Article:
Research from Aviva (the UK’s largest commercial insurer) shows that:
More than two in five businesses believe they are unlikely to be a target for cyber-crime.
Almost a quarter are worried but not sure what to do to protect themselves.
8% haven’t thought about the risk at all.
However, the Office for National Statistics recently revealed there were 2.5m incidents of cyber-crime just between May and August 2015.
Cyber criminals are increasingly targeting SME businesses due to the lack of security, awareness, risk management and training.
Here are just a few methods cyber criminals use:
Hacking – hacking into your system or stealing data from a mobile device.
Phishing – sending emails purporting to be from reputable companies to obtain personal information.
Pharming – directing internet users to a bogus website that looks genuine to obtain personal information.
Denial of service attack – attacking your website, preventing anyone from accessing your computers or website.
Ransomware – denying access to your files until you pay a ransom.
A business told a recent BBC Scotland phone-in how they were affected by a virus that came in via email - then received a ransom note demanding money to have access restored. They didn’t know how to sort the problem out – but decided not to pay anything to the criminals.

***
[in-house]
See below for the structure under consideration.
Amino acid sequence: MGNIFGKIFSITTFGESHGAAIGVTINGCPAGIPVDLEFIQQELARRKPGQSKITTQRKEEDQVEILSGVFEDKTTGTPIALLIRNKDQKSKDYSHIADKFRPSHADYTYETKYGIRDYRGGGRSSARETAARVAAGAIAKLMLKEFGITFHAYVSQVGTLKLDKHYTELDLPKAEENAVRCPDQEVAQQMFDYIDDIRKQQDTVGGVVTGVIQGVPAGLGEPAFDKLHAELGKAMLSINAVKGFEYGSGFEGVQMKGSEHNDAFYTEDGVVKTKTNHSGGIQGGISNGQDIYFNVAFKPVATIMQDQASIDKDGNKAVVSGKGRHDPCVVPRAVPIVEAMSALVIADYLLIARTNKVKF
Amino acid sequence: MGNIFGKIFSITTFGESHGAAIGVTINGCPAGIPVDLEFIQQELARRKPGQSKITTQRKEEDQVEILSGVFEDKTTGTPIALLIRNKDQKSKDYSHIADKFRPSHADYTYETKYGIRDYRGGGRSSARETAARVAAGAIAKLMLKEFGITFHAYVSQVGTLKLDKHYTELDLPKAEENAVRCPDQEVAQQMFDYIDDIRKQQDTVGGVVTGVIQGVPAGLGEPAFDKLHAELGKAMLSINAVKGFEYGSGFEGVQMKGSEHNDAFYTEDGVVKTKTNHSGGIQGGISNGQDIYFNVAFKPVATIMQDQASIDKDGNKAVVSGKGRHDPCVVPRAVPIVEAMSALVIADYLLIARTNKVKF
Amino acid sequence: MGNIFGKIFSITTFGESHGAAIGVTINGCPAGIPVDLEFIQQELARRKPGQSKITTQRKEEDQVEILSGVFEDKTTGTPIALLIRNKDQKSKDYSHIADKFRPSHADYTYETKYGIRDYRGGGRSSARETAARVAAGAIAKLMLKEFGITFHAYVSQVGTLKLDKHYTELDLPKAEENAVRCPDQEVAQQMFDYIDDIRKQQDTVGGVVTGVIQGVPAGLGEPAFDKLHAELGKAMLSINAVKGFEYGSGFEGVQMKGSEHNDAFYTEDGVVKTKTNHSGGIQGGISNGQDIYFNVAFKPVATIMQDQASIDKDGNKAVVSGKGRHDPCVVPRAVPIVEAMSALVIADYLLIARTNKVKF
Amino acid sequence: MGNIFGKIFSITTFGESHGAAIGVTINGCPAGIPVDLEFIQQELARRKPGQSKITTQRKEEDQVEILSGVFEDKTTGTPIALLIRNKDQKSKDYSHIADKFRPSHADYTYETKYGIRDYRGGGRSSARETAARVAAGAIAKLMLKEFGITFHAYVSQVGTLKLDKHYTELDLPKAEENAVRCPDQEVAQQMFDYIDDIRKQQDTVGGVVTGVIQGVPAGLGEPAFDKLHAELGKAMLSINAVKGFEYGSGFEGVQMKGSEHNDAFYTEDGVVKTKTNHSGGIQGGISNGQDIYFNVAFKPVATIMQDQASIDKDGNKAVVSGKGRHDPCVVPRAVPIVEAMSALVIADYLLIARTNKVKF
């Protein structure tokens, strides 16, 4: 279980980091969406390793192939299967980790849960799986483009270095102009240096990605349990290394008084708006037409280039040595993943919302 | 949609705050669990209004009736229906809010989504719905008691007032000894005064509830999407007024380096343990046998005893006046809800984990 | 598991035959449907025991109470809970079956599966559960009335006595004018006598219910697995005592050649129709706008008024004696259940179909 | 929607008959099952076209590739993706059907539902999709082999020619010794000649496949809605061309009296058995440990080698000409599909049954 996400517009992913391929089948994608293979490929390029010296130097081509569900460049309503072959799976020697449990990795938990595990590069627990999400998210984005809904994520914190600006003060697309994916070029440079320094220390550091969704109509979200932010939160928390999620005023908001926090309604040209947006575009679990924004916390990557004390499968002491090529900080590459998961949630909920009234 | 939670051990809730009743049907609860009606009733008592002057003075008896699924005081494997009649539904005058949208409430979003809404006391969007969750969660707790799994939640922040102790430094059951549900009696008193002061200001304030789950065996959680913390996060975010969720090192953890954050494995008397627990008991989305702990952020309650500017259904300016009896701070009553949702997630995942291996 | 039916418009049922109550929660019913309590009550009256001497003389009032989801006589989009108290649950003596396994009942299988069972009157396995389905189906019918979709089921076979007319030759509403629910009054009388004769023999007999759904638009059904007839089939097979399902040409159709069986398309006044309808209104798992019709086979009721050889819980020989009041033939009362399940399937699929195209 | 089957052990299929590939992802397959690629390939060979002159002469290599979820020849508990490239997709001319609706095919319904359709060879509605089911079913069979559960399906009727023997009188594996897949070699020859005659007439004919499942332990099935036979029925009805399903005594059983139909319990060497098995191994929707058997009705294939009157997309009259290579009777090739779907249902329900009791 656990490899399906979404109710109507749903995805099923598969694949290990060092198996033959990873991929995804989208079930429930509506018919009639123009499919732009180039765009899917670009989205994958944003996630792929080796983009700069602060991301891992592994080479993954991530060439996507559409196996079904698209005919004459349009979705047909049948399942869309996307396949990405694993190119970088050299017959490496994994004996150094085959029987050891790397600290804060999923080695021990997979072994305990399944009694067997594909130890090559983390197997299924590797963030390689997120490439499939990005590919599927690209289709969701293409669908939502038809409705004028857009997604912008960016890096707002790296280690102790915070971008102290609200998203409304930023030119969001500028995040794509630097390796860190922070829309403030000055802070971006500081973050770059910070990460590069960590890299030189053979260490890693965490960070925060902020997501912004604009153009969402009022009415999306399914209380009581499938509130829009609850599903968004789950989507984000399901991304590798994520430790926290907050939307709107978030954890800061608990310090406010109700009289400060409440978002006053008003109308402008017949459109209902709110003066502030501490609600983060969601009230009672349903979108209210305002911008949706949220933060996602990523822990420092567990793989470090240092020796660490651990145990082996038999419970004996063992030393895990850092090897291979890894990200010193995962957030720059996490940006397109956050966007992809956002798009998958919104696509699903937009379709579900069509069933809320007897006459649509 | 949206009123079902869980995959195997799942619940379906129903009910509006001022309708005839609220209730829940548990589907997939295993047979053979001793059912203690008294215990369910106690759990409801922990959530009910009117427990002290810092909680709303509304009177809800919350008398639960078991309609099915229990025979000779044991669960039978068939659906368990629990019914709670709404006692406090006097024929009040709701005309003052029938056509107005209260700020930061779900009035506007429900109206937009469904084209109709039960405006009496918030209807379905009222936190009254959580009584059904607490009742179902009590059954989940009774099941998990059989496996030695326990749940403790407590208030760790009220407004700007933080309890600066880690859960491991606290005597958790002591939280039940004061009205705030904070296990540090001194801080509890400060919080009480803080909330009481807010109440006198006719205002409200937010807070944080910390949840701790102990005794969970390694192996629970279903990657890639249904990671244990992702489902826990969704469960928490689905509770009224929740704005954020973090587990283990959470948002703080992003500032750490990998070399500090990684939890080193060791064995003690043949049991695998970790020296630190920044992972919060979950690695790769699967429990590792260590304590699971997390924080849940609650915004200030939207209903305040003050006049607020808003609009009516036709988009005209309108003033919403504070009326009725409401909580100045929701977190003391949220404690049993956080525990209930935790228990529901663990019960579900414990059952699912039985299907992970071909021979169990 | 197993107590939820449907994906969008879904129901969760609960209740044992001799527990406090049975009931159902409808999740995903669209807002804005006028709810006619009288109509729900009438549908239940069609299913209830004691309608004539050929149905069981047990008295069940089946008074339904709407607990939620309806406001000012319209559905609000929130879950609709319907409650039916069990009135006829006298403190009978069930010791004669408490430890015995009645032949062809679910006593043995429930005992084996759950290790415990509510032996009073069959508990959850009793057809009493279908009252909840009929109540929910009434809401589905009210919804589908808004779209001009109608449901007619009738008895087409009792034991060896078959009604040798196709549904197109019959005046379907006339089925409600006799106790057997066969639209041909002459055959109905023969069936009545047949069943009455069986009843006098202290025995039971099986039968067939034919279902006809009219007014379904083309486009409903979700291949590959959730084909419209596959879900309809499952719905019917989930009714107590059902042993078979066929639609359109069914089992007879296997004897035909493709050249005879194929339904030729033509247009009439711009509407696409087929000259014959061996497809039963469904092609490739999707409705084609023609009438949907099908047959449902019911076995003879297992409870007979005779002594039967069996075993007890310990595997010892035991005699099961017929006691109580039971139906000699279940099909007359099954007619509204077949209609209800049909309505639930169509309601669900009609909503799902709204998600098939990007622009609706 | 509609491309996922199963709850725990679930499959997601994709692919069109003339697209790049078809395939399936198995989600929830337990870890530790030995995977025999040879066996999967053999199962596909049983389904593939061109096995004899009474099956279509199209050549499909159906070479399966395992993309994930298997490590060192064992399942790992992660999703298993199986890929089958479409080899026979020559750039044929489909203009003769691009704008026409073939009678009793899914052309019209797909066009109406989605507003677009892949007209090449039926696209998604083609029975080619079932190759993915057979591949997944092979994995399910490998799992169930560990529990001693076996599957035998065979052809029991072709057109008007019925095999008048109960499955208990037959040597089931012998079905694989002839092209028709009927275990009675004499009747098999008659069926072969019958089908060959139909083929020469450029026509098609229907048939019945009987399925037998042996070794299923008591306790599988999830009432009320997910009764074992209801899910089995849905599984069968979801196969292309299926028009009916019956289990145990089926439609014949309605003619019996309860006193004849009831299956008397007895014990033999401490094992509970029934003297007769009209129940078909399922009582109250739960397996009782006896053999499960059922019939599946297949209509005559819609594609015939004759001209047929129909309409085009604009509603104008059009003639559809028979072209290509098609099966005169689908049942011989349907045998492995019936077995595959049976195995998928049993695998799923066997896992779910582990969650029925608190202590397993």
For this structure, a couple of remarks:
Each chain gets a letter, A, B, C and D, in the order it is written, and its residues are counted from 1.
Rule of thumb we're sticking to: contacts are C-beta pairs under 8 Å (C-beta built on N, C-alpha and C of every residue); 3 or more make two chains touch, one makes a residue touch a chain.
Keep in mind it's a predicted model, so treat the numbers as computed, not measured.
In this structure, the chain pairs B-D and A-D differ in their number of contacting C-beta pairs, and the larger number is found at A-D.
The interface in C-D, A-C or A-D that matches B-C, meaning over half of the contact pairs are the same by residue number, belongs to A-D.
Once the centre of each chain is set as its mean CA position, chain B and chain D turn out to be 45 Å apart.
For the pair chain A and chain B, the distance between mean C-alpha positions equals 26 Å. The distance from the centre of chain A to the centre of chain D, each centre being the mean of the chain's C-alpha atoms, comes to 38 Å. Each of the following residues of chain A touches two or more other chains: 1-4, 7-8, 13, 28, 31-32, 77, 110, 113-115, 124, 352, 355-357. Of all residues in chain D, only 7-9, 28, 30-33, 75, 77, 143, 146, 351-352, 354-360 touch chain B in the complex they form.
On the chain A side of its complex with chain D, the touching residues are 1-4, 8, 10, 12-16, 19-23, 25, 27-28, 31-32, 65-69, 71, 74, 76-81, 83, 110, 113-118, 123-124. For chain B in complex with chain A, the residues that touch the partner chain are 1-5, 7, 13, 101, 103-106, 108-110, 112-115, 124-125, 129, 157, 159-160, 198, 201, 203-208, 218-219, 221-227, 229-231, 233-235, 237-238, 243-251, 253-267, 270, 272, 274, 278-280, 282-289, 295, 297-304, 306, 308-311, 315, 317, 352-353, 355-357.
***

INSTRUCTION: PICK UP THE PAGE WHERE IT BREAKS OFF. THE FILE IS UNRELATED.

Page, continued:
It took three to six months to restore everything because they hadn’t carried out regular back-ups. This meant that some information, such as invoices, was lost. They described the impact as being devastating to their business and very difficult to get over.
Simple steps you can take to prevent your business becoming a victim of cyber-crime:
Have a security process in place to promote safe practice in the workplace – don’t open suspect emails or attachments.
Make sure all data systems have passwords and change them regularly.
Keep firewalls and antivirus software active and up-to-date.
Back-up your data regularly and keep copies away from work premises.
Have an incident response plan in place in the event of a breach/cyber-attack.
A transfer of knowledge to industry is a good thing: One purpose of a university is to benefit society by disseminating knowledge, and one way this can be done is by commercialising research. Universities and research institutions are a dynamo for entrepreneurship, and for innovation in large companies. READ MORE
When it comes to the commercial success of a technology-led product, there are a number of factors that come into play along the development journey. Have the regulatory requirements been met? Can the design be produced at a viable cost? Is it possible to ensure the quality of the manufacturing process? The list goes on. READ MORE
Microfluidics is a key technology enabling the development of rapid in-vitro diagnostics (IVD). With applications including COVID-19 testing, cardiac arrest assessment and STD screening, decentralised rapid diagnostics are shaping up to be a major part of the future of healthcare and wellness monitoring. READ MORE